The United States officially rejoined the Paris Agreement on climate change Friday, Secretary of State Antony Blinken said.
U.S. Special Presidential Envoy for Climate John Kerry and United Nations Secretary-General Antonio Guterres will celebrate America's reentry into the Paris Agreement at a virtual global engagement summit Friday.
In a statement, Mr. Blinken called the agreement "an unprecedented framework for global action. We know because we helped design it and make it a reality. Its purpose is both simple and expansive: to help us all avoid catastrophic planetary warming and to build resilience around the world to the impacts from climate change we already see."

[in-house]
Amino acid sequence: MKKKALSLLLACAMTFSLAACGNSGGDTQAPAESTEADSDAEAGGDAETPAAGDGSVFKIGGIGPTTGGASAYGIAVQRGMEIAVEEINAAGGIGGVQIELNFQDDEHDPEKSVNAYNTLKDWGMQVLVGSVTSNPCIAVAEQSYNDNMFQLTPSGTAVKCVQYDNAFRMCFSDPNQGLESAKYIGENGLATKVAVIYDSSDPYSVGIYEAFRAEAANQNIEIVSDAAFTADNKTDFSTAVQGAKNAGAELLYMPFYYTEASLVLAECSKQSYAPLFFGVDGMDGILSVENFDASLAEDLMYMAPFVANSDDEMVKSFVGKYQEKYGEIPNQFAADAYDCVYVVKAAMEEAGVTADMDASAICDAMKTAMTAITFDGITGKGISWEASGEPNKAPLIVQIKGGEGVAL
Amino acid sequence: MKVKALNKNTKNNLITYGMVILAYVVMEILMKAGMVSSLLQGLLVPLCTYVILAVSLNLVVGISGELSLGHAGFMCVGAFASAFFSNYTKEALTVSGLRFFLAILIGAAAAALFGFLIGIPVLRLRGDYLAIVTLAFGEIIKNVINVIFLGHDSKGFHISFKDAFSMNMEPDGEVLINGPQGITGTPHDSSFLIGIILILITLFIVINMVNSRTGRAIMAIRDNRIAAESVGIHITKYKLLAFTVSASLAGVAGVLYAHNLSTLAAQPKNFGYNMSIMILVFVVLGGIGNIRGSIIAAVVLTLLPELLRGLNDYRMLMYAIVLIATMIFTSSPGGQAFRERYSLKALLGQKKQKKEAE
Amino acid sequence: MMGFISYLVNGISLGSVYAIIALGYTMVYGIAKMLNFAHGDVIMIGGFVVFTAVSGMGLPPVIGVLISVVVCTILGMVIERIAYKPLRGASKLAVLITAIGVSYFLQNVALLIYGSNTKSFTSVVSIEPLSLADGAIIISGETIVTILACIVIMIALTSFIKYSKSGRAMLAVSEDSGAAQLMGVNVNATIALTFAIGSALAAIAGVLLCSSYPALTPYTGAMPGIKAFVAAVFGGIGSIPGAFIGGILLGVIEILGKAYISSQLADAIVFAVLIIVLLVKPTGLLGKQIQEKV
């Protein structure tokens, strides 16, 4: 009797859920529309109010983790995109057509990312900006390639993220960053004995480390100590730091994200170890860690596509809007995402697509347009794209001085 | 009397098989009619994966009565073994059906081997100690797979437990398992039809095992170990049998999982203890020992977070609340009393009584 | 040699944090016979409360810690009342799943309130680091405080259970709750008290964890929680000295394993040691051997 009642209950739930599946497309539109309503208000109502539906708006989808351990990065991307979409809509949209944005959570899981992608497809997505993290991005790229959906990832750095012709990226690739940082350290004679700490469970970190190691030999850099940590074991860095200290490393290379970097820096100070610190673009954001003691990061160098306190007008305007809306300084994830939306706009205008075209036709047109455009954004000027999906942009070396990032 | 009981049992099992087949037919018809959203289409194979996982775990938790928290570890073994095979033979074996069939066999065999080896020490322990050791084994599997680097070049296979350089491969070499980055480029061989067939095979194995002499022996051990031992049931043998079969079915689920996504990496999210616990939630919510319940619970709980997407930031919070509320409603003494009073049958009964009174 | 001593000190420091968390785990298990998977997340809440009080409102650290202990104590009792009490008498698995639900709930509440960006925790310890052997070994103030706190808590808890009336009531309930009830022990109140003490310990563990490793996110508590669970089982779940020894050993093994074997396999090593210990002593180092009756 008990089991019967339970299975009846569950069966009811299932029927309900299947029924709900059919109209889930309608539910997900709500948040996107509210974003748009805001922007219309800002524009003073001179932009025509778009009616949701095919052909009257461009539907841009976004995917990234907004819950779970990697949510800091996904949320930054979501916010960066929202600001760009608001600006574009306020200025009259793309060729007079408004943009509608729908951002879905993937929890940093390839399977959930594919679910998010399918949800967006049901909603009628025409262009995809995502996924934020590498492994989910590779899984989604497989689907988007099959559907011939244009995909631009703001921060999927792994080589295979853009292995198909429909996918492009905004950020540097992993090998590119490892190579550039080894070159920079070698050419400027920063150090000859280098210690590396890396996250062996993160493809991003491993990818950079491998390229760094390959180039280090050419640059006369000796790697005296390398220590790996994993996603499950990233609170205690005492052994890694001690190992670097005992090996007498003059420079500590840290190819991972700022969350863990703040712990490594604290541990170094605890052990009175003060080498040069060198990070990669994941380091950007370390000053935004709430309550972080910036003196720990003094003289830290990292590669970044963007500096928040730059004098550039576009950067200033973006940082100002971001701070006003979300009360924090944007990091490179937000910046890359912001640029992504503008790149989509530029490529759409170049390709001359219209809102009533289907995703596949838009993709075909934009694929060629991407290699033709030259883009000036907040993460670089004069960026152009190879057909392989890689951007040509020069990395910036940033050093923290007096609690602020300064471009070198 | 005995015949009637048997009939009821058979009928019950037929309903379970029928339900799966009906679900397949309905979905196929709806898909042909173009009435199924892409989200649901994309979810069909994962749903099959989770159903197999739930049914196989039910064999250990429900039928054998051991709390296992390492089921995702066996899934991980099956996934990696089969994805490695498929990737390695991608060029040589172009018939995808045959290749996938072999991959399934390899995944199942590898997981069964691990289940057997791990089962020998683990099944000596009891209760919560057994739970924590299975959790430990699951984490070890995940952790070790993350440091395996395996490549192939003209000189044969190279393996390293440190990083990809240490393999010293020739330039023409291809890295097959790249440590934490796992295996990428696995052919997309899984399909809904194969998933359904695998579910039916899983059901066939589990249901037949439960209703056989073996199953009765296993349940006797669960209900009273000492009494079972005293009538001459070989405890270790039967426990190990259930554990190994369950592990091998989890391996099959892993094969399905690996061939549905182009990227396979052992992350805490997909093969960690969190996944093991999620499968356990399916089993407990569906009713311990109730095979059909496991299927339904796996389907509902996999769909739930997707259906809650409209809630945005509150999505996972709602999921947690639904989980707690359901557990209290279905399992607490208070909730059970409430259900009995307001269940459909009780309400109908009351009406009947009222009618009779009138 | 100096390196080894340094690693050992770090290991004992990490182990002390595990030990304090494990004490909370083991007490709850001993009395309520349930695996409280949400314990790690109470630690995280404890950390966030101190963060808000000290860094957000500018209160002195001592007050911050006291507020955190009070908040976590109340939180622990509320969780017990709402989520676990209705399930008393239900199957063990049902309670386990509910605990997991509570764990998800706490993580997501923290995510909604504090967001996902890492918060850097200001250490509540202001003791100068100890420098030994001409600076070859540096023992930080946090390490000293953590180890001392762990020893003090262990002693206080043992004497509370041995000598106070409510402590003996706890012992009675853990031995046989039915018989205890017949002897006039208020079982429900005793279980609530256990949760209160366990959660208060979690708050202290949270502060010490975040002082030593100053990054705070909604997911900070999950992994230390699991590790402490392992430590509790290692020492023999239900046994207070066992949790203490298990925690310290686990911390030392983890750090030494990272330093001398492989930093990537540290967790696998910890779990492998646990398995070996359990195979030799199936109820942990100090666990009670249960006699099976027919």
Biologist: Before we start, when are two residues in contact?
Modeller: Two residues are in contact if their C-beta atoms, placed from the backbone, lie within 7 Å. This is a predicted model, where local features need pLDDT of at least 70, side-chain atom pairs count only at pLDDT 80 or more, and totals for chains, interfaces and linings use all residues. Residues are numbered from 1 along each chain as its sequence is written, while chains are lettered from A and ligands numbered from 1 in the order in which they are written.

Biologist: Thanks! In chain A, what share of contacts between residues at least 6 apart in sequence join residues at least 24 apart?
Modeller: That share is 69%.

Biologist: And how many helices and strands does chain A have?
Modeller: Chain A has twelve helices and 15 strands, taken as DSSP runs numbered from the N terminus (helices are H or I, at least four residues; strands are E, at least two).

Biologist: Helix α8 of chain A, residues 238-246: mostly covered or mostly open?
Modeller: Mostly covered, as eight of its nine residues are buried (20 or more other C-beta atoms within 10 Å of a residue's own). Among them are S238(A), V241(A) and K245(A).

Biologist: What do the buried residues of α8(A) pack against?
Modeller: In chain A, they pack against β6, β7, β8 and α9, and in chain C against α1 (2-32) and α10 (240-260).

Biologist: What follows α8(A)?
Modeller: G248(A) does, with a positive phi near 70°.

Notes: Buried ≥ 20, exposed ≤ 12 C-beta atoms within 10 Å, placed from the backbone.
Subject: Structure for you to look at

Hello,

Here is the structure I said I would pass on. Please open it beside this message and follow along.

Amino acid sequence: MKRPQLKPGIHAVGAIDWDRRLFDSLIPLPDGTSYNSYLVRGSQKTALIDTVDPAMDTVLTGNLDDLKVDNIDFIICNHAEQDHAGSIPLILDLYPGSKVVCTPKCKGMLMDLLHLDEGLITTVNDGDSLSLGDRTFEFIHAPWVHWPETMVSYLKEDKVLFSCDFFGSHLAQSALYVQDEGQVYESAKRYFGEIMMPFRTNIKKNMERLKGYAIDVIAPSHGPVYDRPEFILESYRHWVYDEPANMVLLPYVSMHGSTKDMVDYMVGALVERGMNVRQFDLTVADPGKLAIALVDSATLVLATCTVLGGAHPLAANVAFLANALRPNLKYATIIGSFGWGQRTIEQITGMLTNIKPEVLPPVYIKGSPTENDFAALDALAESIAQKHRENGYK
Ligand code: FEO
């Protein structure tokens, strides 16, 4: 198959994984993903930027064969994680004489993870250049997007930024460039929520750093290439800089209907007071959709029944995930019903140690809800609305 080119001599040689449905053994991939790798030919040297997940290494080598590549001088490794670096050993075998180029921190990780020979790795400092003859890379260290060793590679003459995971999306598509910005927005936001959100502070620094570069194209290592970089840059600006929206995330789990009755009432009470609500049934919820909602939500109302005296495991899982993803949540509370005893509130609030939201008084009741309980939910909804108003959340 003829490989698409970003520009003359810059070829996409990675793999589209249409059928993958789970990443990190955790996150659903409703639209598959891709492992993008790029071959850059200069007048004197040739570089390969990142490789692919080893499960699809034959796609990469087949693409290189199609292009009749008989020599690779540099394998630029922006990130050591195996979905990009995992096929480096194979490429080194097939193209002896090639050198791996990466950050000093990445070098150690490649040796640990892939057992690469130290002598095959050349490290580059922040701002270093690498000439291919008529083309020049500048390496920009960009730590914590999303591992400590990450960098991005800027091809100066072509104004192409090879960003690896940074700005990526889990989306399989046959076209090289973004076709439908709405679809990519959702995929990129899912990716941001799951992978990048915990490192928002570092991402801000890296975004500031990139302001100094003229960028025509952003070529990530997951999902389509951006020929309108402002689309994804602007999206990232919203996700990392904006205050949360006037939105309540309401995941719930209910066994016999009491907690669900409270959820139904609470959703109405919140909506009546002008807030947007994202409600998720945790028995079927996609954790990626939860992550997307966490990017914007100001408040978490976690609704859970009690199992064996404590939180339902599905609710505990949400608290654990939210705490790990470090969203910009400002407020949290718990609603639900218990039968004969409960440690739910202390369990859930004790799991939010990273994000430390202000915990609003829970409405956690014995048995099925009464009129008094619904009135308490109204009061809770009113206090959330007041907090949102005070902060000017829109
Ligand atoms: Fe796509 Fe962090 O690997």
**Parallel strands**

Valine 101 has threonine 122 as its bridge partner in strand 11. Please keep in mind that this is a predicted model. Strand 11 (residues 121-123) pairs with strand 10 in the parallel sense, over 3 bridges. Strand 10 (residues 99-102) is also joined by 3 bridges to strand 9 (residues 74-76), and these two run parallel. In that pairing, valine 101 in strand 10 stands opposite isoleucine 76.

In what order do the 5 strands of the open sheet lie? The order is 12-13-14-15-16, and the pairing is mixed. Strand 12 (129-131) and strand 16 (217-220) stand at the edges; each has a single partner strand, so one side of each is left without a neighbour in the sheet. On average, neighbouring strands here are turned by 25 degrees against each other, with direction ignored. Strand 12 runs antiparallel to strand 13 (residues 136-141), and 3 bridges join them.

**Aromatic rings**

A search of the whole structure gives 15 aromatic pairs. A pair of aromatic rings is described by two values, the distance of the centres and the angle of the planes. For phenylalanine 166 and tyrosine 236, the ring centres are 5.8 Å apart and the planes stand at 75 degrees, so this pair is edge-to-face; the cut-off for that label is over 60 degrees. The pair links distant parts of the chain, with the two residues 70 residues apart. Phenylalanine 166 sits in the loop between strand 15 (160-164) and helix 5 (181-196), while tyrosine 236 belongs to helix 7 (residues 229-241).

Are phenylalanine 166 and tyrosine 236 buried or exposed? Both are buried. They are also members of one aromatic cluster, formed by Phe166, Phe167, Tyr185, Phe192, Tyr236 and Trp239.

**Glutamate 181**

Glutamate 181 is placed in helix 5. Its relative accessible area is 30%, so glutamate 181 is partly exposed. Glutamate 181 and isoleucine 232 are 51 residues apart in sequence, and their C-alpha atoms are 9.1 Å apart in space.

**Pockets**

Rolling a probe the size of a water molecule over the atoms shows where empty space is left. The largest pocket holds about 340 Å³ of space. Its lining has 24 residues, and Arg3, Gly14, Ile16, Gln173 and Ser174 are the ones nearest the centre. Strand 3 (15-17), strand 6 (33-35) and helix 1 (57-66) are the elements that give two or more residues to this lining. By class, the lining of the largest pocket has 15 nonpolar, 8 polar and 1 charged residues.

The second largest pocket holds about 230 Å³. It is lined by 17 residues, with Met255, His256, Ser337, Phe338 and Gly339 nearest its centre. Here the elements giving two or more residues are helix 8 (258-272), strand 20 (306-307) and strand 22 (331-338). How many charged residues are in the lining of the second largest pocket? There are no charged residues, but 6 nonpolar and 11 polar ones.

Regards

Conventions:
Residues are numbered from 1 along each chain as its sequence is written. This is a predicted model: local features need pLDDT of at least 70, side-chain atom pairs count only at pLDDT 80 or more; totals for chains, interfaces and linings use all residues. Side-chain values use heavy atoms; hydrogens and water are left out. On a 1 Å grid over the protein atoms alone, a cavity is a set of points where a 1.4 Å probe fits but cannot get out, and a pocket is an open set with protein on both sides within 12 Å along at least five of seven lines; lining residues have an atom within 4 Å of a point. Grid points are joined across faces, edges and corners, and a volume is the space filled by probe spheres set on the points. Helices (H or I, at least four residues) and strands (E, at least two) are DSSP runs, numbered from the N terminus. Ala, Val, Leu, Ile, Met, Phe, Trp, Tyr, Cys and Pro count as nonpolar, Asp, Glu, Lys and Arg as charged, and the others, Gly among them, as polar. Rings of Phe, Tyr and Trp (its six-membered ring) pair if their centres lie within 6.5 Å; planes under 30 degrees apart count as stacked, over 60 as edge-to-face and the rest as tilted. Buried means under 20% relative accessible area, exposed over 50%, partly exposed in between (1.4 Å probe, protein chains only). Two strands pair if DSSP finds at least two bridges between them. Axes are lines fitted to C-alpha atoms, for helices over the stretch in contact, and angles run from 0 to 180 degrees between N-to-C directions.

Mr. Blinken pledged that the Biden administration will weave climate change into important bilateral and multilateral conversations, rather than considering it an "add-on" in foreign policy discussions on national security, migration, international health efforts and trade talks. "We are re-engaging the world on all fronts," he said.
The U.S. will host a climate summit on Earth Day April 22 for world leaders, where the Biden administration is expected to announce its goals to limit climate change.
On Thursday, the White House Council for Environmental Quality revoked a 2019 draft policy of the Trump administration that would have prevented federal agencies from evaluating the impacts of climate change as they reviewed major infrastructure projects.